Amel's transformation is one of the most dramatic in the city. Under Saddam Hussein the area was a bedroom community for regime apparatchiksgenerals and officers like Kamal, who worked for one of Saddam's secret services. Spacious houses were arranged in grids around schools and recreation centers, fronted by palm trees and wide sidewalks. Saddam trusted the community: houses nestle up against the strategic highway that leads to the airport, and are only a short distance away from the Republican Palace complex that dominates the Green Zone. Now Amel's Sunnis are crowded into a strip that's less than a quarter-mile square, surrounded on all sides by concertina wire and scrap-metal barricades. City power cables have been cut, and the streets are strewn with trash and broken glass. There is only one access road not under Shiite control, leading to the airport highway. The enclave houses perhaps 5,000 Sunnis; nearly all the rest of Amel's estimated 100,000 population is now Shiite. With the agreement of locals, U.S. troops plan to replace the Sunnis' makeshift roadblocks with concrete barriers.






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stellanoir Donating Member (1000+ posts) Send PM | Profile | Ignore Mon Sep-03-07 06:21 PM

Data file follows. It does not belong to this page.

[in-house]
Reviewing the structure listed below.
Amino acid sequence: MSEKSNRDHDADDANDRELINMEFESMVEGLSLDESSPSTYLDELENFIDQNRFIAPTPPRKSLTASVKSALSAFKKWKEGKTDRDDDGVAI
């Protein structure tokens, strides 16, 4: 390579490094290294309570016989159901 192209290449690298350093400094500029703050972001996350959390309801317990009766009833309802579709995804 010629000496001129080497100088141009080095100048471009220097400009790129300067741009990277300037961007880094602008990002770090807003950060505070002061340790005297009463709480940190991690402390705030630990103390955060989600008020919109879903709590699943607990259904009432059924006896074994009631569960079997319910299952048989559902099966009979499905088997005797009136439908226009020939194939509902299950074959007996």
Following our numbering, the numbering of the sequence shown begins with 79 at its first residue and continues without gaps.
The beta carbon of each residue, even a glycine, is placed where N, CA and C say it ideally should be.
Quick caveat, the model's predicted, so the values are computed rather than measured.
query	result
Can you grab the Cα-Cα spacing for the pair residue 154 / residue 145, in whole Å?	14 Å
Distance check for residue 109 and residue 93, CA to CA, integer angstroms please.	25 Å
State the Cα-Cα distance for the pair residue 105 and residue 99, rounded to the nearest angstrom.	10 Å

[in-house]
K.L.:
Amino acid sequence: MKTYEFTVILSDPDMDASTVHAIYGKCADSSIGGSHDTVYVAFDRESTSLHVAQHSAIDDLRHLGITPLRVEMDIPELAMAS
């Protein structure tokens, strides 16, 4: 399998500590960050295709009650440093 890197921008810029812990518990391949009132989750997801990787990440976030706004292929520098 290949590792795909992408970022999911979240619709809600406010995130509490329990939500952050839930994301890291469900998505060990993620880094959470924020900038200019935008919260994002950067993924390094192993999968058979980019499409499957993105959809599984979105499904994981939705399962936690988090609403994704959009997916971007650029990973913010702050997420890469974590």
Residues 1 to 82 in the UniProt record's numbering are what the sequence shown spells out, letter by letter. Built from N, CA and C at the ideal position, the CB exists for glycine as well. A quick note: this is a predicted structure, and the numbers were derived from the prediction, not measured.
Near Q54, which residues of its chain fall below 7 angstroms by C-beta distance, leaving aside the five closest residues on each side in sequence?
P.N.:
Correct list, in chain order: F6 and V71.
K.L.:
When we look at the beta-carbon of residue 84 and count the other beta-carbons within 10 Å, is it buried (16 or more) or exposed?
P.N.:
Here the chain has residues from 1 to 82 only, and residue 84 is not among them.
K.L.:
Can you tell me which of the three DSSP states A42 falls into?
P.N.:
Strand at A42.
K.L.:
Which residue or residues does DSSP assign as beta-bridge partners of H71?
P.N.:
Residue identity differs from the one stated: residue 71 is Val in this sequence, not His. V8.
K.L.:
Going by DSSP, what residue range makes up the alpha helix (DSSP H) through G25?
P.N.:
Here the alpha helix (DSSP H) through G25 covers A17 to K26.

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1. I will not cast judgement until I hear from riverbend,
She's the only one I trust.
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Coexist Donating Member (1000+ posts) Send PM | Profile | Ignore Mon Sep-03-07 06:28 PM
Response to Reply #1
3. she may have already left
http://riverbendblog.blogspot.com /

The Great Wall of Segregation...

Which is the wall the current Iraqi government is building (with the support and guidance of the Americans). It's a wall that is intended to separate and isolate what is now considered the largest 'Sunni' area in Baghdad- let no one say the Americans are not building anything. According to plans the Iraqi puppets and Americans cooked up, it will 'protect' A'adhamiya, a residential/mercantile area that the current Iraqi government and their death squads couldn't empty of Sunnis.


The wall, of course, will protect no one. I sometimes wonder if this is how the concentration camps began in Europe. The Nazi government probably said, "Oh look- we're just going to protect the Jews with this little wall here- it will be difficult for people to get into their special area to hurt them!" And yet, it will also be difficult to get out.


The Wall is the latest effort to further break Iraqi society apart. Promoting and supporting civil war isn't enough, apparently- Iraqis have generally proven to be more tenacious and tolerant than their mullahs, ayatollahs, and Vichy leaders. It's time for America to physically divide and conquer- like Berlin before the wall came down or Palestine today. This way, they can continue chasing Sunnis out of "Shia areas" and Shia out of "Sunni areas".